This works best with students who are used to being held back after everyone else has left to be told off. You ask them to stay back for a minute after the bell and watch them sink into their chair as everyone leaves. You then tell them that you noticed how they really tried today and they didn’t get distracted by their friend across the room. Tell them how much you appreciate this, smile at them, and then send them on their way. The student will know that you’re not just saying this, and they won’t have a chance to then play it off for laughs in front of their friends. I’ve seen the most disengaged students completely turn around from using this strategy. 

Make it non-verbal.

While process praise is powerful because it is so specific about what you are praising, you don’t need to use your words to give powerful praise. If a student has just done something that you are really impressed by, make eye-contact and give them a long, genuine smile. 

If a student has just told their friend to leave them alone so they can concentrate, if they stayed back a few minutes after class to finish off their last task and hand it in, or if they came to class late but still decided to come, give them a big honest smile. It’s a lot easier to fake words than it is to fake a smile. They will know exactly what you’re praising them for.

Elise is an enthusiastic and passionate Australian teacher who is on a mission to inspire and support fellow educators. With over a decade of experience in the classroom, Elise leverages her expertise and creativity to provide valuable insights and resources through her blog. Whether you're looking for innovative lesson ideas, effective teaching strategies, or just a dose of inspiration, Elise has got you covered.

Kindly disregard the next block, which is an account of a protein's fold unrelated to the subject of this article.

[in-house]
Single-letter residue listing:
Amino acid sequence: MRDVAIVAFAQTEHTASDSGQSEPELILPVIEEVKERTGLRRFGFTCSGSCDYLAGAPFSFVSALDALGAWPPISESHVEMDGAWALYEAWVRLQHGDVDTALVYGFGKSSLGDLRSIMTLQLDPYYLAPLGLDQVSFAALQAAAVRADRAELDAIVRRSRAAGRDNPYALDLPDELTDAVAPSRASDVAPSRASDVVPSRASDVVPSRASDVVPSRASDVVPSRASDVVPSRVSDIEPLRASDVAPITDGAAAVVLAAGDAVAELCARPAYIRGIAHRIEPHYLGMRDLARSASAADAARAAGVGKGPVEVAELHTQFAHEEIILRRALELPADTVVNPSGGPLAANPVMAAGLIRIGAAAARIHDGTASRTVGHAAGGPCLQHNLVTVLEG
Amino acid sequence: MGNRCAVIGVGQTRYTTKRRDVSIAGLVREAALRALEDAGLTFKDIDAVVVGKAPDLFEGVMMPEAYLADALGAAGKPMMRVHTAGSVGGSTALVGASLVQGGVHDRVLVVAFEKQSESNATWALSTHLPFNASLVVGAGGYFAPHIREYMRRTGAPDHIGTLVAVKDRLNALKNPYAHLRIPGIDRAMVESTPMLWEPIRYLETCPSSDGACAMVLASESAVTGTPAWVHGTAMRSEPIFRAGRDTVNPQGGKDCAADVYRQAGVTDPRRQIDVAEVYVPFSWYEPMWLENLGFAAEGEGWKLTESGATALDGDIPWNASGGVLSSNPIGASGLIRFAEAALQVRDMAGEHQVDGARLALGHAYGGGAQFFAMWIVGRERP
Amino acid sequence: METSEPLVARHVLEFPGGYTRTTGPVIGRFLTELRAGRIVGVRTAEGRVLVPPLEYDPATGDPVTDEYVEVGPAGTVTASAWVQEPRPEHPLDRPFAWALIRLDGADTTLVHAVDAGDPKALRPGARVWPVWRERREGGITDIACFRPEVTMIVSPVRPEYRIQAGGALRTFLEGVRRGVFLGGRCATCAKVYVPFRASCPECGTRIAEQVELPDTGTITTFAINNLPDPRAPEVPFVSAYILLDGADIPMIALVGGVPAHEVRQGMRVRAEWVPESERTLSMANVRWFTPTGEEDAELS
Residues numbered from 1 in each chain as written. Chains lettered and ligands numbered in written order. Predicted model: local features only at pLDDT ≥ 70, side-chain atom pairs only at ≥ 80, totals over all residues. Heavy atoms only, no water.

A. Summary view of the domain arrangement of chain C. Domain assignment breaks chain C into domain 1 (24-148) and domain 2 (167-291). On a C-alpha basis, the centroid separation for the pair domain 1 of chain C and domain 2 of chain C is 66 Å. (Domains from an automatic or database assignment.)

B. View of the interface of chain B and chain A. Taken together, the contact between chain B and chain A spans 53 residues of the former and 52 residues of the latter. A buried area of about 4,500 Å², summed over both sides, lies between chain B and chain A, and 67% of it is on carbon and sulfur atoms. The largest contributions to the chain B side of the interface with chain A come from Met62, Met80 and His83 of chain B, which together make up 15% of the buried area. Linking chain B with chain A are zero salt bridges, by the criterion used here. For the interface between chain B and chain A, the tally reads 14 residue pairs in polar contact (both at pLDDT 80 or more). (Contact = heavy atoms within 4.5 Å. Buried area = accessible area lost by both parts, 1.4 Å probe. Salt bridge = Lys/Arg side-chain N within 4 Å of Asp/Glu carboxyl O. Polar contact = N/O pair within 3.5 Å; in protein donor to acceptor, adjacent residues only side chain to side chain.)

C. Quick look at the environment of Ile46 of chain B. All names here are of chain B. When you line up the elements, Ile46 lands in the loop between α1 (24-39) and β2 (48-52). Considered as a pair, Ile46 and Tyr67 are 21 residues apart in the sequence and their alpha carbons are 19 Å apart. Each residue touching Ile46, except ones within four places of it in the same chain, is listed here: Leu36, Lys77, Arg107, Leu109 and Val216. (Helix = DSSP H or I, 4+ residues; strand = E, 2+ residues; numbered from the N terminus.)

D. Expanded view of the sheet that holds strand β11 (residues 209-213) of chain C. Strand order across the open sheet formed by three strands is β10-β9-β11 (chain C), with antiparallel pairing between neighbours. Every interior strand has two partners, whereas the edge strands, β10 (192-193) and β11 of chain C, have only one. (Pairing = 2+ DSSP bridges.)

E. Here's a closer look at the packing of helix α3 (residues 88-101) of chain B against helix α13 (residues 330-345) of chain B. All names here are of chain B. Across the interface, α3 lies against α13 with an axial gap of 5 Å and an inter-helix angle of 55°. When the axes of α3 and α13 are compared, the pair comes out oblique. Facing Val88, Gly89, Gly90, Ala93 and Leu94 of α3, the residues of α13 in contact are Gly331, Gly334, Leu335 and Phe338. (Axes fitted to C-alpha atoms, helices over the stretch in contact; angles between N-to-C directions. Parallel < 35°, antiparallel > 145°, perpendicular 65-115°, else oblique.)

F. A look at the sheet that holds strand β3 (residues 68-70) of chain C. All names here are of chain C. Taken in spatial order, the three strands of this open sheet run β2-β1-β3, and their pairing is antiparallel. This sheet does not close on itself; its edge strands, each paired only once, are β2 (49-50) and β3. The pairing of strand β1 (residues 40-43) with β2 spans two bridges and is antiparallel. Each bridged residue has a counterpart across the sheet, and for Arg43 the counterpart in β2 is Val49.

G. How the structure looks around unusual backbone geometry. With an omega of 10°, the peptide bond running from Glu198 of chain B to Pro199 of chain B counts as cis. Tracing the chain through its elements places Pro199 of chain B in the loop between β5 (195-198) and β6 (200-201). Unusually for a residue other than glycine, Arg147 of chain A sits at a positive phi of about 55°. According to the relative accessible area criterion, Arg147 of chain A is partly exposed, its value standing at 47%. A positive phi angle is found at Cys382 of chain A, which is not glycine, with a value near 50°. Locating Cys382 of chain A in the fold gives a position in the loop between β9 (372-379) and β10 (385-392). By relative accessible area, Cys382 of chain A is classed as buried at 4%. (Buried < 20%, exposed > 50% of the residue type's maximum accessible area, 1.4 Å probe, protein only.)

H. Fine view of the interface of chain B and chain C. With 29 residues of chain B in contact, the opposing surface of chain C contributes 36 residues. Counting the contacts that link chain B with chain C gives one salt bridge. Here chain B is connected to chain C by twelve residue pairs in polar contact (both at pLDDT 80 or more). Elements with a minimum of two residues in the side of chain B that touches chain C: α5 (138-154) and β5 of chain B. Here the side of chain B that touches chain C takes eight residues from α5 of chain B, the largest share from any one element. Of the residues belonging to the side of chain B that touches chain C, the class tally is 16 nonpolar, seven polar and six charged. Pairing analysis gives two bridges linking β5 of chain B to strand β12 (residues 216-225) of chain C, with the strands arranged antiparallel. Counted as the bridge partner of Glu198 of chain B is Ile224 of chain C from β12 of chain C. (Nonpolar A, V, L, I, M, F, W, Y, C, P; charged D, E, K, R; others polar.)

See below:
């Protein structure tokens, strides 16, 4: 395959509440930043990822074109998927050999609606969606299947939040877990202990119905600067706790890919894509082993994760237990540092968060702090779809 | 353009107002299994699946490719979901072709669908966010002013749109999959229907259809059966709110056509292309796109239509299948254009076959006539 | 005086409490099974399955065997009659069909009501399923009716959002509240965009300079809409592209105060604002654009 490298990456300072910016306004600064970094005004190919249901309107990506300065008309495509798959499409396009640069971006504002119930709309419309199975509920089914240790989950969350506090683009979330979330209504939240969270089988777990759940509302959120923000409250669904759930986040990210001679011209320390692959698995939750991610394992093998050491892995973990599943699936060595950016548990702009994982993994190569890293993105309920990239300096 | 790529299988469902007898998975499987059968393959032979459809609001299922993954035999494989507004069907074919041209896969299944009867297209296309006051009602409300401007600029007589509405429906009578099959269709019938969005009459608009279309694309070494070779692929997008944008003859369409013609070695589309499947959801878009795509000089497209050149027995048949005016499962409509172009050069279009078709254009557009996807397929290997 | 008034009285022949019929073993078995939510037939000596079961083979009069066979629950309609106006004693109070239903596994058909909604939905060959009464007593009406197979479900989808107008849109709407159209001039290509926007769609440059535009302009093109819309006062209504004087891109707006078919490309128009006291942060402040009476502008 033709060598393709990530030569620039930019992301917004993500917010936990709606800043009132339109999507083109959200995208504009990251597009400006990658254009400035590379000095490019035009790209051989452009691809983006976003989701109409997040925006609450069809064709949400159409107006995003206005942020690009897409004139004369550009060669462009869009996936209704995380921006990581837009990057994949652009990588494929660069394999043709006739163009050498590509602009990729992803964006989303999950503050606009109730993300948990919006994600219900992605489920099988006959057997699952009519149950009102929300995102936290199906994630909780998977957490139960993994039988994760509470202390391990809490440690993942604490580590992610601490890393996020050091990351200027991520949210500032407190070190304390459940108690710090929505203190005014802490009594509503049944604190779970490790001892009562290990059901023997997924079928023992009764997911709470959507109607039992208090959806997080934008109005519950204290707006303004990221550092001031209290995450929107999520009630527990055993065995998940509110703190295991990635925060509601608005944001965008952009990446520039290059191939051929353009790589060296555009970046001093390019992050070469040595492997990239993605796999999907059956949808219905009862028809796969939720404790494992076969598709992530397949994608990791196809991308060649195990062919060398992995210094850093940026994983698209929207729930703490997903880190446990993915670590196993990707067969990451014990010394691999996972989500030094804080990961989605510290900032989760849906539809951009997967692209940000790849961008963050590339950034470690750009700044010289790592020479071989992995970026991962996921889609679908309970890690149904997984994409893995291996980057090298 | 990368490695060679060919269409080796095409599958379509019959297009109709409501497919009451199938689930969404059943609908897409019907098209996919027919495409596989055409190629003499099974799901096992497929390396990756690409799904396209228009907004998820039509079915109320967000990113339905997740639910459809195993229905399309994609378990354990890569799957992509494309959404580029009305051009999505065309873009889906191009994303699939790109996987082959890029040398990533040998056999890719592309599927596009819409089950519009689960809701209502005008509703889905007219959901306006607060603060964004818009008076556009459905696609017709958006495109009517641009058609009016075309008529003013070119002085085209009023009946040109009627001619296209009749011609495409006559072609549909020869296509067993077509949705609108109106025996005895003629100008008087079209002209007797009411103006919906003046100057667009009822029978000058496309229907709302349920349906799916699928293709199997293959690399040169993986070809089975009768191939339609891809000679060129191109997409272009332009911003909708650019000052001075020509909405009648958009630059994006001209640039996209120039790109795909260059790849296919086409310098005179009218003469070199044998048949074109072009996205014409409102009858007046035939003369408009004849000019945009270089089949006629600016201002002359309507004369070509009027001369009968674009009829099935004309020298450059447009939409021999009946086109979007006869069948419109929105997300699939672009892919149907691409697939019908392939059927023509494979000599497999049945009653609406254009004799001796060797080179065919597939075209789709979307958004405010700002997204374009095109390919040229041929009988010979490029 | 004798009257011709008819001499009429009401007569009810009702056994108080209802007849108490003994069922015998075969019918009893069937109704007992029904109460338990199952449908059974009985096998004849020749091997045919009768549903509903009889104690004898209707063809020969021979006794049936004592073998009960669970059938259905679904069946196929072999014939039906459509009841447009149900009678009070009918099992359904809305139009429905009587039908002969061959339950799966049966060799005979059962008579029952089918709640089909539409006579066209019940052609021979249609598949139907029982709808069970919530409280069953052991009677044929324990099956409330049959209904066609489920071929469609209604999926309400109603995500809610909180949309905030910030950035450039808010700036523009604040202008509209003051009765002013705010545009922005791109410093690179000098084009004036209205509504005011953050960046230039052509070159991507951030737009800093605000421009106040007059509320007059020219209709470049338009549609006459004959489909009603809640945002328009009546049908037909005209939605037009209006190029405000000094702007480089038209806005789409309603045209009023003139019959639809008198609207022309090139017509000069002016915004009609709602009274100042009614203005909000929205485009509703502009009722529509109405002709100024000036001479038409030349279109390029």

Related Posts

7 Simple Strategies for Strong Student-Teacher Relationships

Getting to know your students on a personal level is the first step towards building strong relationships. Show genuine interest in their lives outside the classroom.

Students observing a teacher in a classroom.

Connecting Learning to Real-World Contexts: Strategies for Teachers

When students see the relevance of their classroom lessons to their everyday lives, they are more likely to be motivated, engaged, and retain information.

A young girl is using a tablet computer for school.

Encouraging Active Involvement in Learning: Strategies for Teachers

Active learning benefits students by improving retention of information, enhancing critical thinking skills, and encouraging a deeper understanding of the subject matter.

Students raising their hands in a classroom.

Collaborative and Cooperative Learning: A Guide for Teachers

These methods encourage students to work together, share ideas, and actively participate in their education.

A group of students are doing a science experiment in school, guided by their teacher.

Experiential Teaching: Role-Play and Simulations in Teaching

These interactive techniques allow students to immerse themselves in practical, real-world scenarios, thereby deepening their understanding and retention of key concepts.

In a school classroom, a teacher engages with her students while delivering a lesson.

Project-Based Learning Activities: A Guide for Teachers

Project-Based Learning is a student-centered pedagogy that involves a dynamic approach to teaching, where students explore real-world problems or challenges.

Leave a Reply

Your email address will not be published. Required fields are marked *